India currently uses about 6 million tonnes (MT) of grey hydrogen, or hydrogen produced using fossil fuels, annually. This consumption comes from sectors like refining, fertiliser, steel and methanol, where it is hard-to-abate emissions. These are also the sectors that are low-hanging fruits when it comes to shifting to green hydrogen.
The high renewable energy influx planned till 2030 makes India primed to enhance its green hydrogen consumption. Accordingly, the government has set a target of 25 MT annual production by 2047.
According to the NITI Aayog and RMI, adopting green hydrogen in the country could cut carbon emissions by 3.6 gigatonnes and energy imports by at least $246 billion by 2050. Reliance on grey hydrogen for producing fertiliser has resulted in a massive annual subsidy burden of over Rs 1 trillion (close to $12 billion at the current exchange rate). The subsidy is expected to cross Rs 2 trillion for the current fiscal. This would be an easy fiscal expenditure to cut with a switch to green hydrogen. It will also lower India’s energy security risks that COVID-19 and geopolitical disturbances have exacerbated in recent times.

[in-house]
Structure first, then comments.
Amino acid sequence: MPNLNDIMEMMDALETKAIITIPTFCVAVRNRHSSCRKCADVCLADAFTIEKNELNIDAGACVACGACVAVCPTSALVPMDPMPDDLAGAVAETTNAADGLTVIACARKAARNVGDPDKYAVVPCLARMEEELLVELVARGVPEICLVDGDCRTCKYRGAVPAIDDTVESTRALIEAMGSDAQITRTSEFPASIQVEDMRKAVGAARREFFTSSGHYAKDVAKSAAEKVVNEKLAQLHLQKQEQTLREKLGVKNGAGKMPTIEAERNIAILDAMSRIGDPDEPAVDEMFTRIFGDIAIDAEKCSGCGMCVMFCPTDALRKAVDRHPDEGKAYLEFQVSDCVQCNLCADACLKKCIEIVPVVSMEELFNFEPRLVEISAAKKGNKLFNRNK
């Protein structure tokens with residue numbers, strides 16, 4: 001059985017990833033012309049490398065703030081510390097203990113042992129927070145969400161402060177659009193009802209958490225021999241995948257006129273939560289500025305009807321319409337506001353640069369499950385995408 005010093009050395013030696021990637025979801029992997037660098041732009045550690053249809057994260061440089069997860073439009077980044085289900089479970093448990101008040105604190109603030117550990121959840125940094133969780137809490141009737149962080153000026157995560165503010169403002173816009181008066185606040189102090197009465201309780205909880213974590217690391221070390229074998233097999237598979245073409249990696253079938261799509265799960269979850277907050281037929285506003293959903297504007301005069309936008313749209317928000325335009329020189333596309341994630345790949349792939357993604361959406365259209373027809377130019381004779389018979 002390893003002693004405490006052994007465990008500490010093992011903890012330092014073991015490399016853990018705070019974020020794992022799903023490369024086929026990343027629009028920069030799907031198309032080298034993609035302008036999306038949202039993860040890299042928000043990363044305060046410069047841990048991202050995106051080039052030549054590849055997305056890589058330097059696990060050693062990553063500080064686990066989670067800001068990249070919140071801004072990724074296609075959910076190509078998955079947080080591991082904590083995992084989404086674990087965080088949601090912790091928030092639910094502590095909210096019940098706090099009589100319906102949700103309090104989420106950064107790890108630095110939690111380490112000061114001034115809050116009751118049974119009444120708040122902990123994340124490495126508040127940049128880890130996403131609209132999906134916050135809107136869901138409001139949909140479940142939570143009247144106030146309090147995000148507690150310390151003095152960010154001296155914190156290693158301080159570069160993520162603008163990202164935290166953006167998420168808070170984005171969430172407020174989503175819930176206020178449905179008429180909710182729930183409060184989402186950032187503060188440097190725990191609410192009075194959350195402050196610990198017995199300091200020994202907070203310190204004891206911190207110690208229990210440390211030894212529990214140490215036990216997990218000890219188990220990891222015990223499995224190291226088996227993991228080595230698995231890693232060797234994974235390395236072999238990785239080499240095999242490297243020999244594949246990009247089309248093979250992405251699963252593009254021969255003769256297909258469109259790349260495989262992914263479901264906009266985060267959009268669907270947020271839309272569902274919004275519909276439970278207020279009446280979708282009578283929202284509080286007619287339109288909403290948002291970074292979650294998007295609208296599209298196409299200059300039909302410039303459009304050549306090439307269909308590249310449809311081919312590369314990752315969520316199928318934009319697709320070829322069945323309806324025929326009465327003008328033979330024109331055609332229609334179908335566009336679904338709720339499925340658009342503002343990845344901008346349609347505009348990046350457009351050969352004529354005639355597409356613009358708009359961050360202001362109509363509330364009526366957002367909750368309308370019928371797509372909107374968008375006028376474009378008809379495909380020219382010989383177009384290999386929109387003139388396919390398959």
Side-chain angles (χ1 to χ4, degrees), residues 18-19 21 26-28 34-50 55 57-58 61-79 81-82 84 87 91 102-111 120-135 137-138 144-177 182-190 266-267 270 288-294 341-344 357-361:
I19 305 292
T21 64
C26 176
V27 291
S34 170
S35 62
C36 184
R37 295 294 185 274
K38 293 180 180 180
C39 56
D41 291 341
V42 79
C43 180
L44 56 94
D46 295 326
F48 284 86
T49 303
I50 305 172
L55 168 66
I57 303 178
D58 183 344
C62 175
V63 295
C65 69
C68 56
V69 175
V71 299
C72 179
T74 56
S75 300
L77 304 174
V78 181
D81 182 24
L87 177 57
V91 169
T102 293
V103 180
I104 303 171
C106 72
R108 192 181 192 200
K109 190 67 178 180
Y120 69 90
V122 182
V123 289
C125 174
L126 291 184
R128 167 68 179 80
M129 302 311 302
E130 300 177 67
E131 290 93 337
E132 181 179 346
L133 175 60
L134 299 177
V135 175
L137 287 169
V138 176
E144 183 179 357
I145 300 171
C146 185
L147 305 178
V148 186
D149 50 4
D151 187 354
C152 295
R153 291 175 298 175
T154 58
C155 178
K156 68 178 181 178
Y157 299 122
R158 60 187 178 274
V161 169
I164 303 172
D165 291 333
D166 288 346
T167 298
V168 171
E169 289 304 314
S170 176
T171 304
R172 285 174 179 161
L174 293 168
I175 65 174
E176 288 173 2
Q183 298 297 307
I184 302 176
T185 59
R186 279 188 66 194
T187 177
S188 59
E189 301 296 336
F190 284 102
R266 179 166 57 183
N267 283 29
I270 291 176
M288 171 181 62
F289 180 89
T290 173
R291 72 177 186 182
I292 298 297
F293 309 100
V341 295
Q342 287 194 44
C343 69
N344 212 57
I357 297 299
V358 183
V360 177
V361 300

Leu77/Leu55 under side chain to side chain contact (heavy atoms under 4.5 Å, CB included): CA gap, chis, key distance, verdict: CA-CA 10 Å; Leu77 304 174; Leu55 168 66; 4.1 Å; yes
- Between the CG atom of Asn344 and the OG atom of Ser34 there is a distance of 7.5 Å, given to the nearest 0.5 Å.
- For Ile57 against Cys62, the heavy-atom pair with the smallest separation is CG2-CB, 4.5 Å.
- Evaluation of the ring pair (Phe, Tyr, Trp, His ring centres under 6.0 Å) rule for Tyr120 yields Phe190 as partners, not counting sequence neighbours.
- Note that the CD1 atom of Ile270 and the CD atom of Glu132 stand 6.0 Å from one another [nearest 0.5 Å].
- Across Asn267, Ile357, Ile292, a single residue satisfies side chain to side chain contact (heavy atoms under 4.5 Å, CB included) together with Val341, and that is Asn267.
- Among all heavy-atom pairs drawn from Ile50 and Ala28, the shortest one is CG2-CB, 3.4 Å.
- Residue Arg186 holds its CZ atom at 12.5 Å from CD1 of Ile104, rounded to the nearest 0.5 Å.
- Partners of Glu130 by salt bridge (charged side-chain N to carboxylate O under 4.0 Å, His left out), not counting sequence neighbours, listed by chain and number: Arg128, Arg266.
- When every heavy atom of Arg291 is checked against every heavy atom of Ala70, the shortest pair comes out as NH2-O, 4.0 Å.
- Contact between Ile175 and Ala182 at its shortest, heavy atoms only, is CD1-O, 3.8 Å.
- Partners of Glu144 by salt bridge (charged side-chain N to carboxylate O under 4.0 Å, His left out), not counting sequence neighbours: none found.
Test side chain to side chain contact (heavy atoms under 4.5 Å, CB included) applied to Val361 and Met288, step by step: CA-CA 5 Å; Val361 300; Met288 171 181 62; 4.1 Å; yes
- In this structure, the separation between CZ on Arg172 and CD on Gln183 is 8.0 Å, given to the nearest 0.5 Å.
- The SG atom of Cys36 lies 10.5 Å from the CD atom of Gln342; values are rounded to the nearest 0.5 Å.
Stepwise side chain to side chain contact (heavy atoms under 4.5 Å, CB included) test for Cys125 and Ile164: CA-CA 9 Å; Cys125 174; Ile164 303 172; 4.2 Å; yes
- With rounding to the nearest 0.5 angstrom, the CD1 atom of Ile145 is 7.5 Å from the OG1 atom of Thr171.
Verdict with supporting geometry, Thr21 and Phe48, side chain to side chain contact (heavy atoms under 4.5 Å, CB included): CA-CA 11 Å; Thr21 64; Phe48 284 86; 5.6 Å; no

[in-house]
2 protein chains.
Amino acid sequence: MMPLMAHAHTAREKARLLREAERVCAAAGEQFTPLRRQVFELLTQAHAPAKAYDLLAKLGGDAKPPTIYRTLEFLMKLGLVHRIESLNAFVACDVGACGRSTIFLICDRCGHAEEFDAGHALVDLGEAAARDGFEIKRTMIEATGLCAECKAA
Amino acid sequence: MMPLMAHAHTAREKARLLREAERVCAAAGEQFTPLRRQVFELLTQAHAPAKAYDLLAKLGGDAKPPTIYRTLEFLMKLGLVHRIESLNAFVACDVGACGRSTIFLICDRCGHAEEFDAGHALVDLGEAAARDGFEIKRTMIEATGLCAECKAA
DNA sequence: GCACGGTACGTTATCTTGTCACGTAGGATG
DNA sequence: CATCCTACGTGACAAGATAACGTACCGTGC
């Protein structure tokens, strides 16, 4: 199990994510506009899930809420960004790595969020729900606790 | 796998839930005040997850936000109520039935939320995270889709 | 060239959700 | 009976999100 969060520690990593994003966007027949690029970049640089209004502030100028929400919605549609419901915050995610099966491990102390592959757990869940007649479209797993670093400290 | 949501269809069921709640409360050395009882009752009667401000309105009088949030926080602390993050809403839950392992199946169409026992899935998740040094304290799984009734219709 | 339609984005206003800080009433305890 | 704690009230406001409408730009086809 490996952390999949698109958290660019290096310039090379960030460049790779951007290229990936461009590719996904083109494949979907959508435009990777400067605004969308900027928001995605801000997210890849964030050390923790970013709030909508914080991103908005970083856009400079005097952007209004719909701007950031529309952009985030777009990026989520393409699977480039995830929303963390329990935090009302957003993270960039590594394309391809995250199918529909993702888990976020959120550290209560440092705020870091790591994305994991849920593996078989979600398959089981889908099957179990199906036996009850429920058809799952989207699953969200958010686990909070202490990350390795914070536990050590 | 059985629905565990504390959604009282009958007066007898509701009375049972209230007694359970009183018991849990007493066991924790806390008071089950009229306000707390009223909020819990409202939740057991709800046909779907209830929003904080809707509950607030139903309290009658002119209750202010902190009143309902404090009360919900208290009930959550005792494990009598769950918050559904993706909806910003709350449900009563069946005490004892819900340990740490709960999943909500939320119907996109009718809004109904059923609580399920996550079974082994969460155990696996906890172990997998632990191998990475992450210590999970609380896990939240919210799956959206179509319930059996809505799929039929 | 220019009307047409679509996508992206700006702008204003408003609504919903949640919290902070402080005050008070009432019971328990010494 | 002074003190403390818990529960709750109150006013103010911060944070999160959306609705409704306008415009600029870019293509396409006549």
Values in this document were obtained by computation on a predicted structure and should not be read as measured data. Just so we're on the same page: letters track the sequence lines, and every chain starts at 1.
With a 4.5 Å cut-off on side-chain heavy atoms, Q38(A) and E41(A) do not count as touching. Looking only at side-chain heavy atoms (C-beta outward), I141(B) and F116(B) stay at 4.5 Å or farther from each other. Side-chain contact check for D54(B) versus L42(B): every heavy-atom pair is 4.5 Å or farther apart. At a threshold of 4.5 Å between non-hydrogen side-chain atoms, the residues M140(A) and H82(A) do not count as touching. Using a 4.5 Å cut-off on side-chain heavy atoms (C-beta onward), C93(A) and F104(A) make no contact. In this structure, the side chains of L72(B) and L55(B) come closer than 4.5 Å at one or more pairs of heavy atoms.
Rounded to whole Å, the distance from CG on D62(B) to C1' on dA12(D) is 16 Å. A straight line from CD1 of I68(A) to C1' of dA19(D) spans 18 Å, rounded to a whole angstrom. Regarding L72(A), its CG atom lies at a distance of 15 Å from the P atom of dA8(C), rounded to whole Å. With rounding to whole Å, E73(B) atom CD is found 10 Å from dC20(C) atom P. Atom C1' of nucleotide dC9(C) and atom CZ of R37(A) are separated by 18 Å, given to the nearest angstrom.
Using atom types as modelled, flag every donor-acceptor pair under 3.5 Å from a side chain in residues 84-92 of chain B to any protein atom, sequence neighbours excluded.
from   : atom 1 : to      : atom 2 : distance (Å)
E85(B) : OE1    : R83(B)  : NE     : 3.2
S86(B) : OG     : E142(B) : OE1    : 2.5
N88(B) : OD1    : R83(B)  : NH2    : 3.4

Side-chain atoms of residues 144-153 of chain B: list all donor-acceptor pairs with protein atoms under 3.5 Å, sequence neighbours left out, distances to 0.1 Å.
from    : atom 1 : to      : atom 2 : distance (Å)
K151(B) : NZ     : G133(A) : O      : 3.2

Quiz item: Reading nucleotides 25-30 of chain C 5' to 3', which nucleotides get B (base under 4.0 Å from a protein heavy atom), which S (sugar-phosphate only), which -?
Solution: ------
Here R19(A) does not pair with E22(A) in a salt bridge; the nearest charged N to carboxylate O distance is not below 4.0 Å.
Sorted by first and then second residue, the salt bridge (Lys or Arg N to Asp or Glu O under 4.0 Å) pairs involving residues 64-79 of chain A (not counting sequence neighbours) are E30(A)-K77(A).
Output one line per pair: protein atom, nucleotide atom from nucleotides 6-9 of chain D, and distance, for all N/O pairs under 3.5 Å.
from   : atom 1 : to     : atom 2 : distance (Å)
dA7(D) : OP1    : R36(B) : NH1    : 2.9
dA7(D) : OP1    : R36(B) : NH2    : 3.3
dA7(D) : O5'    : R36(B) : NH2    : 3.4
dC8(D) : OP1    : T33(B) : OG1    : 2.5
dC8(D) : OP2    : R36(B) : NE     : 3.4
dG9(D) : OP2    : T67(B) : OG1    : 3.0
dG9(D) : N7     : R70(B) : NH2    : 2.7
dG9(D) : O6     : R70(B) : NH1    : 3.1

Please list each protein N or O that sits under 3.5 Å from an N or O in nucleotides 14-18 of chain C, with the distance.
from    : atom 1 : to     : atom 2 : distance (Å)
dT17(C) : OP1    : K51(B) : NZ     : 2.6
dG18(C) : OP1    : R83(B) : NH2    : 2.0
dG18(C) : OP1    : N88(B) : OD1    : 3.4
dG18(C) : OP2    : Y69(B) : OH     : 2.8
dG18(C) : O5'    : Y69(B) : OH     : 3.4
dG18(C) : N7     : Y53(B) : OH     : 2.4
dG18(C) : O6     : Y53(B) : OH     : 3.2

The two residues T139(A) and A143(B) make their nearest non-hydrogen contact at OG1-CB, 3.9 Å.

Conducive policies to support green hydrogen growth
India launched the National Hydrogen Mission in 2021 to enhance green hydrogen production and consumption in the country. On February 17, 2022, the Ministry of Power unveiled India’s much-awaited first green hydrogen policy. The policy provides concessions on inter-state transmission charges, banking charges, land acquisition and access for purchasing renewable energy.
Additionally, the government is looking at setting up dedicated manufacturing zones for green hydrogen and ammonia to boost availability. The Karnataka state government initiated the first green hydrogen cluster this year near Mangaluru port and will develop the project stages over five years.
Meanwhile, the central government is also expected to come out with production incentives for the manufacturing of electrolysers.
G20 countries with hydrogen strategies
Many G20 countries announced green hydrogen policies in 2020, including Canada, the United States of America, Italy and Germany.